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Author Topic: Tips on Skinning.  (Read 7405 times)
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BeosBoxBoy
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« on: May 05, 2006, 09:48:31 am »

Foreword
[/B]

First and foremost: Be patient, look at other people's work, and above
all look at fashion/couture magazines and advertising for ideas on textures. The
texture or base skin is the colourful part that we most ready notice about a
skin. The easiest skins have only the texture and the alpha. If you have a clear
idea of what you want to make, it will be easier by far than dabbling until you
end up with a good product.

Second: Don't expect to turn out a satisfactory product until you have a
basic understanding of how the alpha works. An alpha is like a polarising lens,
the dark area is blotted out, the light area shows through, the grey areas are
shown a little. E.G. true black is blocked out completely, true white is shown
completely, grey varies on how light or dark it may be.

Third: the first time you see or find a bumpmap don't freak out. Bumpmaps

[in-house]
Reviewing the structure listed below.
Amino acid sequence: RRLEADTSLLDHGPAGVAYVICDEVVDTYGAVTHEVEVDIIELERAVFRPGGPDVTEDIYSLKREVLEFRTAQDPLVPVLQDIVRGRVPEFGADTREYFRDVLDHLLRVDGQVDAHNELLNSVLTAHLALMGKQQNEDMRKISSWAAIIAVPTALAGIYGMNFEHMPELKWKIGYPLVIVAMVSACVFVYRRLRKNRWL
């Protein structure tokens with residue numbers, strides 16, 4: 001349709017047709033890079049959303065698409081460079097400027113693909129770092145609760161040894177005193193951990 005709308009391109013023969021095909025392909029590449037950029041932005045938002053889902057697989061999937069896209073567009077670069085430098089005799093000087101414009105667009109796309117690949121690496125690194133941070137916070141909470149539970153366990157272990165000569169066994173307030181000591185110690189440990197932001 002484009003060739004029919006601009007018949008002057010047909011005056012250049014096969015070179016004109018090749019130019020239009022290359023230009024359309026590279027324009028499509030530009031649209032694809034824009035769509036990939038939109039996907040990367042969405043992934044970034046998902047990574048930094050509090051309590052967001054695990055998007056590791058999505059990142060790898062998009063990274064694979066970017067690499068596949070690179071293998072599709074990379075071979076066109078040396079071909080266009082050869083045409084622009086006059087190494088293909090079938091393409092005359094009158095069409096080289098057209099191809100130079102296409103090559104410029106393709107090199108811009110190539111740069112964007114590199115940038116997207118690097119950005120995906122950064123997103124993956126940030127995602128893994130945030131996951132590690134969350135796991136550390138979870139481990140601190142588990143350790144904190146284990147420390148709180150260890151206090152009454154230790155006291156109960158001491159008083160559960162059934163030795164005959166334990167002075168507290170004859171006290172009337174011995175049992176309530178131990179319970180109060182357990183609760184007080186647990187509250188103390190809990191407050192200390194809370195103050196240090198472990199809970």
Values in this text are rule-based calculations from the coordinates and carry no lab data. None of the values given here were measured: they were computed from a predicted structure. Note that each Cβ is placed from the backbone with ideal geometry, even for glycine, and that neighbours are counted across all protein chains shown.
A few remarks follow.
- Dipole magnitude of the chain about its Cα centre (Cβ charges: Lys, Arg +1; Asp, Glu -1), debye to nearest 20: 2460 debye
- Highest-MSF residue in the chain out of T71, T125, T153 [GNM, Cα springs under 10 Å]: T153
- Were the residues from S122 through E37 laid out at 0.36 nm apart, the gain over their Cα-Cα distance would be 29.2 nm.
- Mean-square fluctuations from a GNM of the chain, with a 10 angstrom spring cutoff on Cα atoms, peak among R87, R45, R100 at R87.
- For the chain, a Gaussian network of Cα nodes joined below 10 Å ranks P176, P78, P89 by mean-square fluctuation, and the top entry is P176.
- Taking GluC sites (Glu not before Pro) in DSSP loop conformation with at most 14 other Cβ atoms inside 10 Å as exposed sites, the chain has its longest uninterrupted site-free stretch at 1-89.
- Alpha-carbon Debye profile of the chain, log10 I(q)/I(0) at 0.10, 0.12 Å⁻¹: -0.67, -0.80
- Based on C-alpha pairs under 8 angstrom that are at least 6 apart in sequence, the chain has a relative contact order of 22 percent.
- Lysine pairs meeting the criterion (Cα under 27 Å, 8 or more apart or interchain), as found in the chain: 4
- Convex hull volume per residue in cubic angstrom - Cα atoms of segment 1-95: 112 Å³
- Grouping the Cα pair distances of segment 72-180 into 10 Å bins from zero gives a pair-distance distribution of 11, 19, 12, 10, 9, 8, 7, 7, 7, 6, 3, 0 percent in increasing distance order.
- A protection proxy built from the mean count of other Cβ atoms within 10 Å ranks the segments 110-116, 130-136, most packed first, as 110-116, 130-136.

are a sort of 3D level to a skin, it can raise or not raise portions of the
texture. These will cause shadowing to appear in such a fashion so that (for
example) a belt is higher than the level of the pants and the belt loops are
higher than the level of the belt. However, it should be understood that in some
very complex meshes these items may be rendered as completely seperate pieces.
If you alter a texture too far outside it's bumpmap without changing the bumpmap
also, you run the risk of having an odd looking skin; in some cases this is
pleasing, most times not.

Fourth: Having a good graphics programme, like Adobe Photoshop, makes
things easier, some people say Gimp is as good as Adobe Photoshop, but those are
generally people not all that familiar with all the features of Photoshop. The
chief benefit of Gimp is it is free. I don't have much regard for PaintShopPro,
but many people use it with very good results. If you have the patience of
Mother Teresa, you can even use Paint that comes with Windows.

Lastly: Remember the first thing, be patient and read the many good
turorials on skin creation here, MTS2, and in other game sites, even some that
don't deal with the Sims2 but other games altogether. The ideas will work for
the Sims2 as well as they work for Unreal Tournament.

Making Pixel-Perfect Skins
[/B][/U]

See this TUTORIAL: Making Pixel-Perfect Skintones.  The same method can be used for making pixel-perfect clothing items.

Adding Young Adult or Other Age Categories
[/B][/U]

See this TUTORIAL: Using SimPE to Change/Add Age Categories of Clothing

This same method can also be used to add or change Clothing-type Categories.
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